Congressional tax bills show power beats values

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Ryan & Dolan at Al Smith
House Speaker Paul Ryan sits with New York Cardinal Timothy Dolan at the 72nd Annual Alfred E. Smith Memorial Foundation Dinner in New York Oct. 19. (CNS/Reuters/Andrew Kelly)

One foot dropped in the Republican Party's effort to enact tax reform when the House of Representatives voted to pass a bill last Thursday (Nov. 16). The final vote was 227-205. Thirteen Republican representatives voted against it. That same day, the Senate Finance Committee, on a purely party-line vote, approved its version of the bill, opening the way for a full Senate vote after the chamber takes a week off for Thanksgiving.

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Before the vote, three committee chairs of the United States Conference of Catholic Bishops signaled their opposition to the House bill. After commending the doubling of the standard deduction would help some poor families, they said, "However, as written, this proposal appears to be the first federal income tax modification in American history that will raise income taxes on the working poor while simultaneously providing a large tax cut to the wealthy. This is simply unconscionable." The signatories were Bishop Frank Dewane, chair of the Domestic Justice and Human Development Committee, Bishop Oscar Cantu, chair of the International Justice and Peace Committee, and Bishop George Murry, chair of the Catholic Education Committee.

There is no principle in Catholic social teaching that demands a particular tax rate. Tax rates must be evaluated relative to each other, to the government's need to raise revenue, and to the people who will be paying the tax. The bishops' judgment is not an economic judgment but a moral judgment of the economic consequences of the bill.

Many, many years ago, I took a class on congressional politics with Professor Norm Ornstein who is now at the American Enterprise Institute. And, in one lecture he said, "If you want to know what a country values and who has power, look at the tax code." What is valued and who has power are not co-extensive categories. As Catholics, we treasure the poor and venerate the Blessed Mother whose vision of salvation was one in which "the rich are sent away empty." As a society, money is power.

In the negotiations over the House tax bill, power beat values.

And the three members of Congress most responsible for choosing power over values and securing passage of this bill — Speaker of the House Paul Ryan, Majority Whip Steve Scalise, and Ways and Means Committee Chairman Kevin Brady — are all Roman Catholics. They, apparently, did not agree with the bishops that taking from the poor to give to the rich is "unconscionable."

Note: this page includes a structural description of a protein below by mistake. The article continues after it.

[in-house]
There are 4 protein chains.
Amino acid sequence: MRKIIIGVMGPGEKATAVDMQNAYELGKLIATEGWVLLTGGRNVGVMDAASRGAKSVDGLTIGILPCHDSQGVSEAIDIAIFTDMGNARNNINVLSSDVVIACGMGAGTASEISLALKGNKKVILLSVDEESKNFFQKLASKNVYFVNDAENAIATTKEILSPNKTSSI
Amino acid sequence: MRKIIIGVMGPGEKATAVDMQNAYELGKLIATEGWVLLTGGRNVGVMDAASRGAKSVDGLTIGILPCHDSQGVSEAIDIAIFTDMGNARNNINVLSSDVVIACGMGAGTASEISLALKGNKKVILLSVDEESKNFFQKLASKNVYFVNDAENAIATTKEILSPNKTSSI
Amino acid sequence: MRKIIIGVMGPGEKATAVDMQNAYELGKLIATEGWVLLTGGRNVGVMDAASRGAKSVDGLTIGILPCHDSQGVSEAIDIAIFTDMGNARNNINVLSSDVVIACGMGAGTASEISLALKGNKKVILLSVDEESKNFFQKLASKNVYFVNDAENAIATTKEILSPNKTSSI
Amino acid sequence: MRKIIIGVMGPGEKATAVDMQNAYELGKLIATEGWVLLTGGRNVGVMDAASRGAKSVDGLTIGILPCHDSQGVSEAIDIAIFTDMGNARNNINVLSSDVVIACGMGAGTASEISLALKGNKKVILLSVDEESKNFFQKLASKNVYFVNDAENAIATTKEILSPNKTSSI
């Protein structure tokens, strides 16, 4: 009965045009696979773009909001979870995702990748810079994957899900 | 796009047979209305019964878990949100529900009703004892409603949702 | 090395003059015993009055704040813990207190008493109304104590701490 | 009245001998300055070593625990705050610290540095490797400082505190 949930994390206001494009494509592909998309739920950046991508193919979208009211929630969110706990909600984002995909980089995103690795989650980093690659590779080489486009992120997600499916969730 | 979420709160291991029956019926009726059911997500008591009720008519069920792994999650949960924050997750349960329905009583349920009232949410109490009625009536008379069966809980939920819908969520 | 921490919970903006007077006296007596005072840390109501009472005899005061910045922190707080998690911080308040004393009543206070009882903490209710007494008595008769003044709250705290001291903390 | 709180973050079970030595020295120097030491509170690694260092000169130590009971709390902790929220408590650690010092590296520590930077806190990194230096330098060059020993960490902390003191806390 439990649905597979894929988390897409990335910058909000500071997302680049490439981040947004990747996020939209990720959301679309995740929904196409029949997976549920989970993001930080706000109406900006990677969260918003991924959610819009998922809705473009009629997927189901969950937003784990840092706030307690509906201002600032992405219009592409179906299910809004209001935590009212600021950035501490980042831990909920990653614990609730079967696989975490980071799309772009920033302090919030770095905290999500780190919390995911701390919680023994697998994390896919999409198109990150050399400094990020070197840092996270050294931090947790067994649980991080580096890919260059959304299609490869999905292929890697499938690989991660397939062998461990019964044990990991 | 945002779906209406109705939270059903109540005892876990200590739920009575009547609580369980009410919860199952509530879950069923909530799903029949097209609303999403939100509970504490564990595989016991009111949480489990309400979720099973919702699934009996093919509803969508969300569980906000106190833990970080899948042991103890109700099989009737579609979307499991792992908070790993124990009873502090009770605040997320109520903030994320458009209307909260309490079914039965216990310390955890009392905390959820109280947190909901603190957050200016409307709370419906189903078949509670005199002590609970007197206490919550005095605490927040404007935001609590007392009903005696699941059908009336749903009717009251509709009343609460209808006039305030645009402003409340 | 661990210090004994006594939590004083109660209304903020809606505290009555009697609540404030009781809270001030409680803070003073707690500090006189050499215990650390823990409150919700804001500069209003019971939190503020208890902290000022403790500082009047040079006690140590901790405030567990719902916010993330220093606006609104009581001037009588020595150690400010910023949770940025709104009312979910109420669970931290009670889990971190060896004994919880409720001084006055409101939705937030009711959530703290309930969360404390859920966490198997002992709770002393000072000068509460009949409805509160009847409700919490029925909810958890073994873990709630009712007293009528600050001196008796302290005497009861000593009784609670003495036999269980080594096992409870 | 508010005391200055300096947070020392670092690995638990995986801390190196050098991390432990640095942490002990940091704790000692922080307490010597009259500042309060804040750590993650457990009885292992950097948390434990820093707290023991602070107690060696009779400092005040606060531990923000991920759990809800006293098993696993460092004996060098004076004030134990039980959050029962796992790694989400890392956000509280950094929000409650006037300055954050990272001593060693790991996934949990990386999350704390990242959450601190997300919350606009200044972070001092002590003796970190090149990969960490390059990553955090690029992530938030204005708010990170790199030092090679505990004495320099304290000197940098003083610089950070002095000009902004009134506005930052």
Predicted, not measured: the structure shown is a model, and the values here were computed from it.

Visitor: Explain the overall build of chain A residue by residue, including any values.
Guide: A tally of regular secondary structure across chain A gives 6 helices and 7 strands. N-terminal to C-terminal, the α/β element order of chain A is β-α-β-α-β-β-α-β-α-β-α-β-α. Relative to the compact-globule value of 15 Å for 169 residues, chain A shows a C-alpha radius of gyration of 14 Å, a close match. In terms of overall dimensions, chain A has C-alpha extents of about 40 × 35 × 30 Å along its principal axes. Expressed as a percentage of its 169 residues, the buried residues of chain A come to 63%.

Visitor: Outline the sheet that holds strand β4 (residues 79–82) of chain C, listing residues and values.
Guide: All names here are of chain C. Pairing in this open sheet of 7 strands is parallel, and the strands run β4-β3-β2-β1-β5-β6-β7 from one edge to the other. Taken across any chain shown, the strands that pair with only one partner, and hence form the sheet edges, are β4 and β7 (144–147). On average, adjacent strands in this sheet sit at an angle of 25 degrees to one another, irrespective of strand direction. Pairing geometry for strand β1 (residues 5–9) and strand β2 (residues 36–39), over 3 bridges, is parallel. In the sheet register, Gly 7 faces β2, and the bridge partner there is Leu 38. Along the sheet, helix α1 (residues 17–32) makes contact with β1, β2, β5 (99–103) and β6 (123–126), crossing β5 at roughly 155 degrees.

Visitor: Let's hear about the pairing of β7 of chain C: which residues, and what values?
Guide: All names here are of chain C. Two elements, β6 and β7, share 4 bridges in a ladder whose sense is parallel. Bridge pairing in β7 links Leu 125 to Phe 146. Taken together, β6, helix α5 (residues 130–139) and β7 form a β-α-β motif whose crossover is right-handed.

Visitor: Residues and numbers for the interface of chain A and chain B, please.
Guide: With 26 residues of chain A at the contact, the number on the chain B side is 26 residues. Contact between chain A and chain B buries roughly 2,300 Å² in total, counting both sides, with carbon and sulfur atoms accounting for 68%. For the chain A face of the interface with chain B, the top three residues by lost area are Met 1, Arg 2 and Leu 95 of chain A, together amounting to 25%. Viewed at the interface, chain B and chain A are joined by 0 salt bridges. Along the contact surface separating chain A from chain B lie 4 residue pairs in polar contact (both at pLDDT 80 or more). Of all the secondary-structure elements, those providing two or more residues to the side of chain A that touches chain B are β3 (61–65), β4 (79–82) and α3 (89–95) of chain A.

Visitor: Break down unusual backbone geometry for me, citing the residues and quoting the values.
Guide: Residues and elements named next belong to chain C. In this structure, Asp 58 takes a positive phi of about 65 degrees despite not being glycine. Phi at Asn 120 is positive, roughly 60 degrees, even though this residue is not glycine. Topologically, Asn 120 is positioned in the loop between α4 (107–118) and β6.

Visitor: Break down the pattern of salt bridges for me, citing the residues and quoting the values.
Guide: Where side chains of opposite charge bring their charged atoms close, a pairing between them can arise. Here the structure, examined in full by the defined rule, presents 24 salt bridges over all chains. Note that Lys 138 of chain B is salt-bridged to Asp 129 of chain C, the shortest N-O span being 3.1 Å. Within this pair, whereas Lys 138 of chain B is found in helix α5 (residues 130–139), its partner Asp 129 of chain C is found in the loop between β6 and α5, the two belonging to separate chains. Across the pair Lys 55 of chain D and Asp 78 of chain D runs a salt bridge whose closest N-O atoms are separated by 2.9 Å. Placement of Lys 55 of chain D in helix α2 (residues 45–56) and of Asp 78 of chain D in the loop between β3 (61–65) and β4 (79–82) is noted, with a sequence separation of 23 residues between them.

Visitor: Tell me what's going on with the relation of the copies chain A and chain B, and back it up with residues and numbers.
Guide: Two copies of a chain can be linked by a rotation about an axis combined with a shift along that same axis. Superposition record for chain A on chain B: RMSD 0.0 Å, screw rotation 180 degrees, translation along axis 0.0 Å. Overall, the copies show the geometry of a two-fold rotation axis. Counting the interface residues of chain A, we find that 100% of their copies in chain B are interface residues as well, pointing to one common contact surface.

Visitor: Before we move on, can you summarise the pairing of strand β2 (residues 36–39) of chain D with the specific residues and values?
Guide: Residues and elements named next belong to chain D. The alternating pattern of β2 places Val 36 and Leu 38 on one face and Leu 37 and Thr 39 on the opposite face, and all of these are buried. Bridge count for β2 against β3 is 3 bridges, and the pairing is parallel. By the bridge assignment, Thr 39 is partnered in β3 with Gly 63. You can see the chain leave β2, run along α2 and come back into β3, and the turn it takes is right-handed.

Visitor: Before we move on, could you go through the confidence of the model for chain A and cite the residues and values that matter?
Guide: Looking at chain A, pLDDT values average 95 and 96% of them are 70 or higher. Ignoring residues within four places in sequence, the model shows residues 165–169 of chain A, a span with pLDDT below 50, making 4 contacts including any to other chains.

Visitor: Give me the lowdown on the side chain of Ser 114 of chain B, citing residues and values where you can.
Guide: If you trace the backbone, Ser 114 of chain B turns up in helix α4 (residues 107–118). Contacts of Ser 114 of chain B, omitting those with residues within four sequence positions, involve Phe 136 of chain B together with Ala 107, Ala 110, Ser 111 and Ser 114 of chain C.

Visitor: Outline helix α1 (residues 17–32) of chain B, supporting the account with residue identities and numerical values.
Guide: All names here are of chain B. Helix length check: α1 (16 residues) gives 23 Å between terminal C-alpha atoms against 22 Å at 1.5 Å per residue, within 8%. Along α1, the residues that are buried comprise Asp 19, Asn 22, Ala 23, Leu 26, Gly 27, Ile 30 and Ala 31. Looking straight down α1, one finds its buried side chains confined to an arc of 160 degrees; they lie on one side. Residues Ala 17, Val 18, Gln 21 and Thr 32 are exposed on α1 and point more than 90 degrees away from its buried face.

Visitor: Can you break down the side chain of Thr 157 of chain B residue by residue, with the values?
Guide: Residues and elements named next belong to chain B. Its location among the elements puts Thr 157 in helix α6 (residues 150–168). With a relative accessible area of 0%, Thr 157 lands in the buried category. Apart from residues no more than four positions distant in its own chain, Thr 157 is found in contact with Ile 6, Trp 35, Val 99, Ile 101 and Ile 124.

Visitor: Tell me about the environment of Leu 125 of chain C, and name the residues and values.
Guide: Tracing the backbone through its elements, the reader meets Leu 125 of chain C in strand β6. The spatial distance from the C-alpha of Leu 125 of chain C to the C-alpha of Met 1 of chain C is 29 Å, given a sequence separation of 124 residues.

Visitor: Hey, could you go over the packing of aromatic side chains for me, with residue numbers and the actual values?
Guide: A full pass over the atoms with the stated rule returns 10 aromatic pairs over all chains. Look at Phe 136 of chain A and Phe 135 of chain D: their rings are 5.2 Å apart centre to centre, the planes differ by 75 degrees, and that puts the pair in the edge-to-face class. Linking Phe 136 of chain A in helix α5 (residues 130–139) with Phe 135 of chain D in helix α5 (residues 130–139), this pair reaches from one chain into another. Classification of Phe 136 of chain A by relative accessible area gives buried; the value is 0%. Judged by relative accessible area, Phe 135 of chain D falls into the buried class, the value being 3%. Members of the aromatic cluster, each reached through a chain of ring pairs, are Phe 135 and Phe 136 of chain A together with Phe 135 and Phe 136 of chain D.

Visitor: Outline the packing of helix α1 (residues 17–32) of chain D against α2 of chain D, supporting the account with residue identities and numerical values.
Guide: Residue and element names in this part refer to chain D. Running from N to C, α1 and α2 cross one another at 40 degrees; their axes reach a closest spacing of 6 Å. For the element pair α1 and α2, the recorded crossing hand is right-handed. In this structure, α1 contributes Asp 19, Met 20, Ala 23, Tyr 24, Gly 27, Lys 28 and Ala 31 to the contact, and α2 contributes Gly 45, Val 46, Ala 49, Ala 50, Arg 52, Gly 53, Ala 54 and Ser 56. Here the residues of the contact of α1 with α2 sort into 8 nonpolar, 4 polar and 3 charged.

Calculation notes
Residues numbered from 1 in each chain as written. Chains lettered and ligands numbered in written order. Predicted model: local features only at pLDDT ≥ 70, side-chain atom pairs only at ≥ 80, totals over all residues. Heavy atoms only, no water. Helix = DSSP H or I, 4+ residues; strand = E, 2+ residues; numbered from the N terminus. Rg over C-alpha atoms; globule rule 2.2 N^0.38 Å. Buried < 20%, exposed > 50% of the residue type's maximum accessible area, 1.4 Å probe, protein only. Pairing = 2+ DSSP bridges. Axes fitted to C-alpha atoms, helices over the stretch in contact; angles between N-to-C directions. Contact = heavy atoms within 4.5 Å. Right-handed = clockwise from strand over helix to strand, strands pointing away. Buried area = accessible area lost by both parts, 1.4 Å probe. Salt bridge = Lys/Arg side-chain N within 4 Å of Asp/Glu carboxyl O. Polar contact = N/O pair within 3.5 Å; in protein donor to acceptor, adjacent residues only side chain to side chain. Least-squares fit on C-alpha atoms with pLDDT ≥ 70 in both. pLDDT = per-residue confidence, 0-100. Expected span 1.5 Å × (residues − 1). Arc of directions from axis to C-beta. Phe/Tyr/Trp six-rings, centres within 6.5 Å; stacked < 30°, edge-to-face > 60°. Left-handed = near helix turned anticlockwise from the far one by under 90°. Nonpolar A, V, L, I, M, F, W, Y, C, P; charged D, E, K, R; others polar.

I am not going to say that these three Catholic congressmen are "Catholics in Name Only" or otherwise denigrate their commitment to their faith. I will say that they probably have been fed a lot of lousy theology by conservative Catholic enablers. Too many Catholic conservatives have abused basic concepts and categories of Catholic thought, arguing that because tax policy is subject to prudential judgment, anyone can conclude what they want, which makes a mockery of prudential judgment. Others distinguish between moral acts that are "intrinsically evil" and those that are not, and abortion, for example, is an intrinsic evil. But no piece of legislation, no matter how morally egregious, is an intrinsic anything. Yet, these facile arguments are regularly found at the Catholic League, Catholic, Church Militant and at EWTN. 

I wrote about some of the morally dubious provisions of this tax bill a couple weeks back. But now we must add an additional moral concern: The deceit that is being used to pass this tax bill is outrageous. You would not know from listening to Speaker Ryan's closing speech in the debate that this bill has many reverse-Robin Hood features. You would think the working poor and the middle class will benefit from this tax bill. You would not know that future generations will be saddled with more debt or more difficult choices about public spending. You would imagine that what amounts to steroids for the economy will have no ill effects, even though we all know that the bill always comes due.

These considerations all involve both relative numbers and non-relative moral principles. But, all those years ago, Professor Ornstein was right about finding out what a society values and where the power is by examining the tax code. And this version of tax reform shows that today's Republican Party is still most united when it is cutting taxes for very rich people, raising taxes on the poor and the middle class, and placing their hope in the myth of trickle-down economics.

But, let's take a step away from the kind of facile religiously-laced invective that the right has so often doled out against liberal Catholic politicians. Proposing this bill does not make Ryan, Scalise and Brady bad Catholics. It does mean that they have crafted a bill that is in opposition to the most basic tenets of Catholic social doctrine and the explicit moral analysis of the bishops. That is enough to give someone pause, but not when there are donors to placate and an ideology of money to pursue. As the Senate begins debate on its version of tax reform, we can hope that more members of the upper chamber will consider the moral stakes in this debate and recognize the wisdom of what the Catholic Church teaches. 

[Michael Sean Winters covers the nexus of religion and politics for NCR.]​

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A version of this story appeared in the Dec 1-14, 2017 print issue under the headline: Tax code shows what society values, who has power .

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